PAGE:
by Assif Am David, Frankfurt a.M.
It is commonly assumed in linguistics that language is a phenomenon unique to humans. It is normally associated with the Great Leap Forward, an anthropological revolution which took place about 50,000 years ago and gave rise to the behavioural modernity. Language is considered a core factor in this revolution which resulted in a more complex, abstract thought and in larger intricate social organization, possibly by allowing social constructivism, which is a conventional postulation of abstract social entities.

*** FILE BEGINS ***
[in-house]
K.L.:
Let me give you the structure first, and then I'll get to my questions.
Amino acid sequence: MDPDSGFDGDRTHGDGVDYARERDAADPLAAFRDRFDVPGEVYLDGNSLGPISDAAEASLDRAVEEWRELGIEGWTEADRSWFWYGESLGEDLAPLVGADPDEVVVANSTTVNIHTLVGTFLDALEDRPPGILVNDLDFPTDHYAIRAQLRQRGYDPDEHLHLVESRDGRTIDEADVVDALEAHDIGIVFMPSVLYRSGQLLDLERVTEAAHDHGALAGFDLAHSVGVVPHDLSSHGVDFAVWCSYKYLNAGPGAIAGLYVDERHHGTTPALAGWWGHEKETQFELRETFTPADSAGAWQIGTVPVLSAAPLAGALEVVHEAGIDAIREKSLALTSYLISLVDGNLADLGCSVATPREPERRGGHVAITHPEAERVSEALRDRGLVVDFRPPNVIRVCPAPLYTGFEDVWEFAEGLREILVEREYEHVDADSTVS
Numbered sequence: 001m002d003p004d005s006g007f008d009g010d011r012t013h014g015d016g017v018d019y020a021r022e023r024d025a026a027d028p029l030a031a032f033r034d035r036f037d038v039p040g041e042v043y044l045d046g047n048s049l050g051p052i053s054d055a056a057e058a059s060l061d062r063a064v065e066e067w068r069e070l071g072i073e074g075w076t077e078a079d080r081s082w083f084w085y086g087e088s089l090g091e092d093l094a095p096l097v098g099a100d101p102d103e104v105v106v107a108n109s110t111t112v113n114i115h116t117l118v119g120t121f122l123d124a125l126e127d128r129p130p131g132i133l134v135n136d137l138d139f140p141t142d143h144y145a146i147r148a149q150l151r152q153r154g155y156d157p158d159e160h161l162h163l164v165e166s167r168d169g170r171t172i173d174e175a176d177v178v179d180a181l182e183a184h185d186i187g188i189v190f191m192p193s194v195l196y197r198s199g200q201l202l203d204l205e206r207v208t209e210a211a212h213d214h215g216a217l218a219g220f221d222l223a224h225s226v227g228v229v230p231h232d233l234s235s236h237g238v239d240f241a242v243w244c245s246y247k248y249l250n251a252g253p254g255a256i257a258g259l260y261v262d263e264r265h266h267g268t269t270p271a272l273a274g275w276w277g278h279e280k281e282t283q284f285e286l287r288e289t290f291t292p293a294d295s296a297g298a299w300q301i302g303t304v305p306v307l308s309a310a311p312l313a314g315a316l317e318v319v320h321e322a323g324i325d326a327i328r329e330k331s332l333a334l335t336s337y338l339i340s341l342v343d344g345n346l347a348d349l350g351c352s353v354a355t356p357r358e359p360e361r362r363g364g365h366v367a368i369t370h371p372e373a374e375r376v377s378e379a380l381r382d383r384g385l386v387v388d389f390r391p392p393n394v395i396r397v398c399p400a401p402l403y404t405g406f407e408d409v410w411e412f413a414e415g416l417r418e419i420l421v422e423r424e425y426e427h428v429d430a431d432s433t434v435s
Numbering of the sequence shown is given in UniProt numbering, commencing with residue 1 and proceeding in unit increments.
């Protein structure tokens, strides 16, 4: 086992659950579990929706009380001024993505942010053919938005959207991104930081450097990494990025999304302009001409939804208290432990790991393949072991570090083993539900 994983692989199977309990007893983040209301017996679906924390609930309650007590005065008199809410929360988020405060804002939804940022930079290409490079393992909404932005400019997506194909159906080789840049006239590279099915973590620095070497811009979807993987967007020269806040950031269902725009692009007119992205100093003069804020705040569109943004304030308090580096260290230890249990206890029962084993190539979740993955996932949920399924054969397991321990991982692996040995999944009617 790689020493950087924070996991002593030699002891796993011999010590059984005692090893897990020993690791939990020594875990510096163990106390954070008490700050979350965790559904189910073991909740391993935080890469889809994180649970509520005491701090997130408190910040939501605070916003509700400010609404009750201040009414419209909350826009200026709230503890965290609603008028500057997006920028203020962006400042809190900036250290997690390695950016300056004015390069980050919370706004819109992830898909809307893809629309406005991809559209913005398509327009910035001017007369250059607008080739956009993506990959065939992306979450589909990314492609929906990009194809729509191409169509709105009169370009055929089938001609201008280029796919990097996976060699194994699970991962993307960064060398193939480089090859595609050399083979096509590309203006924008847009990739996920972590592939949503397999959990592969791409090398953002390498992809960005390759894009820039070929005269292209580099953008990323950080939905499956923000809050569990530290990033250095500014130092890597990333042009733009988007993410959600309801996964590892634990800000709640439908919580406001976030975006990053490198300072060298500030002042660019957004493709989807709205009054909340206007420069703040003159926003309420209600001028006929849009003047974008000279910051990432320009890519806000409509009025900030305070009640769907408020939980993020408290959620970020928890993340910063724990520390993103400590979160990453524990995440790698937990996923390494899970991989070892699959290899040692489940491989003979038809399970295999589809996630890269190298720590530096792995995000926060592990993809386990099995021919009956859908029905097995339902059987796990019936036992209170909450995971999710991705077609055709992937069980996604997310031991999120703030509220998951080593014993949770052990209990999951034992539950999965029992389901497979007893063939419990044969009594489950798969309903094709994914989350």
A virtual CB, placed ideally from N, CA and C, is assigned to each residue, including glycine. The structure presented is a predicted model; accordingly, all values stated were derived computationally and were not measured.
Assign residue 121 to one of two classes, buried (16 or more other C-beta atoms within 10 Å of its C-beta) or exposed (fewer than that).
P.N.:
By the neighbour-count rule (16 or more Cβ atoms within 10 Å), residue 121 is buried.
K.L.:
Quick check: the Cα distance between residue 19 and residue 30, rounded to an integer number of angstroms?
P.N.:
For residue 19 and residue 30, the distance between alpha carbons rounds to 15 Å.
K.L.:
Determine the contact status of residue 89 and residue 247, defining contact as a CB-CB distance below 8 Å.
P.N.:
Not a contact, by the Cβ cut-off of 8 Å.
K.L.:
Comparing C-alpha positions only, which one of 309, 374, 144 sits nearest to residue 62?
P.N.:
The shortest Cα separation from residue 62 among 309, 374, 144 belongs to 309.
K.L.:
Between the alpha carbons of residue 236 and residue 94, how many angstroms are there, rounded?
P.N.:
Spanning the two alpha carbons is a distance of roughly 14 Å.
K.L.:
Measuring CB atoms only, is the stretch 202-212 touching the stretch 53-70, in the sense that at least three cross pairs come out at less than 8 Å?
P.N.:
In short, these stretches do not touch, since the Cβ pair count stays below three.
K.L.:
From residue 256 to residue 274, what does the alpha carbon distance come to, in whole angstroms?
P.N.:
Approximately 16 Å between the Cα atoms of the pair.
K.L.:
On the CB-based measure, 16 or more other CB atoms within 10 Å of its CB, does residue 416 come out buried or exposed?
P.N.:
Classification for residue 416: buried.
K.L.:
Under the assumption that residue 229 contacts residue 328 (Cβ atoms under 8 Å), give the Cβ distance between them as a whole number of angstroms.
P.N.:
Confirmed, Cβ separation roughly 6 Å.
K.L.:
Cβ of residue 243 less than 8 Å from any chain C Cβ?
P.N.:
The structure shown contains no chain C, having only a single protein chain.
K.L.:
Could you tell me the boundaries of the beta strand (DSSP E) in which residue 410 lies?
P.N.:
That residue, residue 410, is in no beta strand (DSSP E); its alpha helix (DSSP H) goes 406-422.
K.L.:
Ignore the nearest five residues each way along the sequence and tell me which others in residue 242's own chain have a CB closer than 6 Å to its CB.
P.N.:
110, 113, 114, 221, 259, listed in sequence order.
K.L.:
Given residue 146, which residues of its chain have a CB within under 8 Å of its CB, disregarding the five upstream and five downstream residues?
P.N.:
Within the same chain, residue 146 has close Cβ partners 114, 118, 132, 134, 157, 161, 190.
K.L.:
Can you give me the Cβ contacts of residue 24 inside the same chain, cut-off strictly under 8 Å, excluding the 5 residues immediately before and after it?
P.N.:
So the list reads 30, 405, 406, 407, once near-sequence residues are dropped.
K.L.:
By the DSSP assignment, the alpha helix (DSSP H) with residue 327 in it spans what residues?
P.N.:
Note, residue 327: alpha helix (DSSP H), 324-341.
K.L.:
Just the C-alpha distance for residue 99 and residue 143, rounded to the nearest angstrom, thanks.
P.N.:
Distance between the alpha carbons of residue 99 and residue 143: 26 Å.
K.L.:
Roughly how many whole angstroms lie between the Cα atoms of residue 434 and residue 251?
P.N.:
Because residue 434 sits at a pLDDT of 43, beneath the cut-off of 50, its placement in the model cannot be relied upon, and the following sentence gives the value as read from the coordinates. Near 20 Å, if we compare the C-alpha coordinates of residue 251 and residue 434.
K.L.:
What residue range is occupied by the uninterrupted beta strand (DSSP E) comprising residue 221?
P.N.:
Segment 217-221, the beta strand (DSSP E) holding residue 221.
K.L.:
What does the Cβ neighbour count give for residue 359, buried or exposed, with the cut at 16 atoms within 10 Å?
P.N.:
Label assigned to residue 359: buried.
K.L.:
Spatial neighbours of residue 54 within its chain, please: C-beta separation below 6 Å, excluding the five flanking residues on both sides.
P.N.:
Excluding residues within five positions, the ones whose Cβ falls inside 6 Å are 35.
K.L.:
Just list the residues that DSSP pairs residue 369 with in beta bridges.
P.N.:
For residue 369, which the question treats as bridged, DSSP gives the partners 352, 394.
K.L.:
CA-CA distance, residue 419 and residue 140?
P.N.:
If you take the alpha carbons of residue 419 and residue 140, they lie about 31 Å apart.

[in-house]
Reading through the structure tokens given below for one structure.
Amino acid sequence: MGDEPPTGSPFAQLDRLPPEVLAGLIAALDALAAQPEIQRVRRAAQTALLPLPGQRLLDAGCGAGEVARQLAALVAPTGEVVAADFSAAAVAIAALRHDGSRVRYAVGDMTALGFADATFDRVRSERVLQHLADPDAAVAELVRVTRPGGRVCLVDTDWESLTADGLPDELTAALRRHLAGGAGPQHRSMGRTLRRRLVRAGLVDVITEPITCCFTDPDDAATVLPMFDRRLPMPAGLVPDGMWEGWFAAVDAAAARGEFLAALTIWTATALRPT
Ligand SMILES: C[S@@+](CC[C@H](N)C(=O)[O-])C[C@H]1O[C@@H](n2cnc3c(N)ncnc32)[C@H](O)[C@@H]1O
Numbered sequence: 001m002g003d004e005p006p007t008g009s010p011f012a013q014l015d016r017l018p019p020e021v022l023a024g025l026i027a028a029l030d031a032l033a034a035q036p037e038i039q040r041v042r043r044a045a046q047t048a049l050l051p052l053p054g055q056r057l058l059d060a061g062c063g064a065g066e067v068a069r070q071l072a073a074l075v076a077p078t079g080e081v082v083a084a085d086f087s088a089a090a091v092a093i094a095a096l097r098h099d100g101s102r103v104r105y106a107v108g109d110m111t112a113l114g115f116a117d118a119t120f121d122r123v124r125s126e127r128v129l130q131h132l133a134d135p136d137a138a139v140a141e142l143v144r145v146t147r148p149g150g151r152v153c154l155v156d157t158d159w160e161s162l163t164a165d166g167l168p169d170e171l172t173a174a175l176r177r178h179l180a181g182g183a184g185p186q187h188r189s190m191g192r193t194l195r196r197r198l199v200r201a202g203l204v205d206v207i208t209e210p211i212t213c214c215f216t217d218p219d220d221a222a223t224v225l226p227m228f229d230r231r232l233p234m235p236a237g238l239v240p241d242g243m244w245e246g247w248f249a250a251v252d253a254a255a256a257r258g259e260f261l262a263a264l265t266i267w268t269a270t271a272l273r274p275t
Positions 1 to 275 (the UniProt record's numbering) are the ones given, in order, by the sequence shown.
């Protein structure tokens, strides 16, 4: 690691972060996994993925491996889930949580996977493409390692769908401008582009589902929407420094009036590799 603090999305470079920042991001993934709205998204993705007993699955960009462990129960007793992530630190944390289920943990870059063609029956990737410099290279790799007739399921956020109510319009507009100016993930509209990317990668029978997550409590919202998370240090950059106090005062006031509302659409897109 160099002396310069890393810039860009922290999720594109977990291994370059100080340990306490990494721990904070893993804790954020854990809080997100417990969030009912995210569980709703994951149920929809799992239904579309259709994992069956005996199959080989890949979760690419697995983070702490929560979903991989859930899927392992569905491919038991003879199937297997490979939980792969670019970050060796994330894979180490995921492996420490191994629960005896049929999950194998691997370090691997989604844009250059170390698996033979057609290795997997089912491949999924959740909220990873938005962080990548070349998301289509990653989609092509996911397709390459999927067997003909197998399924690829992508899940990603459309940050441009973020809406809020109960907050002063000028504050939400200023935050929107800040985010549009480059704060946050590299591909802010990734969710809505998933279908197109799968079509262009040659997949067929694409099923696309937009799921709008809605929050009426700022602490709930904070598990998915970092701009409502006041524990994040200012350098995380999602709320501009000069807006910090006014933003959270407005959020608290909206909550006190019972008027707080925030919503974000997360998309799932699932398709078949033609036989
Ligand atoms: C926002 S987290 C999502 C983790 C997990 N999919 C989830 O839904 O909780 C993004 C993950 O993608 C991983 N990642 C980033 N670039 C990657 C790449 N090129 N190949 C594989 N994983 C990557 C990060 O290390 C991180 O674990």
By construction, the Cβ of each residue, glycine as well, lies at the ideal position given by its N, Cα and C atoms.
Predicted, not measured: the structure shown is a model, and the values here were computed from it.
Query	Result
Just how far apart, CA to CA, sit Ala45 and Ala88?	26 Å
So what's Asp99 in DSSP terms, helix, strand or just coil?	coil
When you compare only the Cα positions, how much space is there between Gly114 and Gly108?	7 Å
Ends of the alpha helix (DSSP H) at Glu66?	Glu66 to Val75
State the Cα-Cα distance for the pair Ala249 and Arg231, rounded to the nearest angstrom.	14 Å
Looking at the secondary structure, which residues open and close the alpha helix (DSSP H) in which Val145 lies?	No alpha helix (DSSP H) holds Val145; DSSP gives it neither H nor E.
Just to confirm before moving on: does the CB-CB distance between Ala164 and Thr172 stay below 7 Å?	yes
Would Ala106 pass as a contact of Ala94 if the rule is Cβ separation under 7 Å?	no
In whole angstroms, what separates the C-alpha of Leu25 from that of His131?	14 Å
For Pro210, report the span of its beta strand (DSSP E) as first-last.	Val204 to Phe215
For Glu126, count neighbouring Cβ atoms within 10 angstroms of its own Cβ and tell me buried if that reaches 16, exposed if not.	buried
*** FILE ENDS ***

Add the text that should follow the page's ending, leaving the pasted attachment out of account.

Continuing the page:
The study of language in animals, often referred to as biolinguistics, attempts to refute this idea. Continue reading Animal communication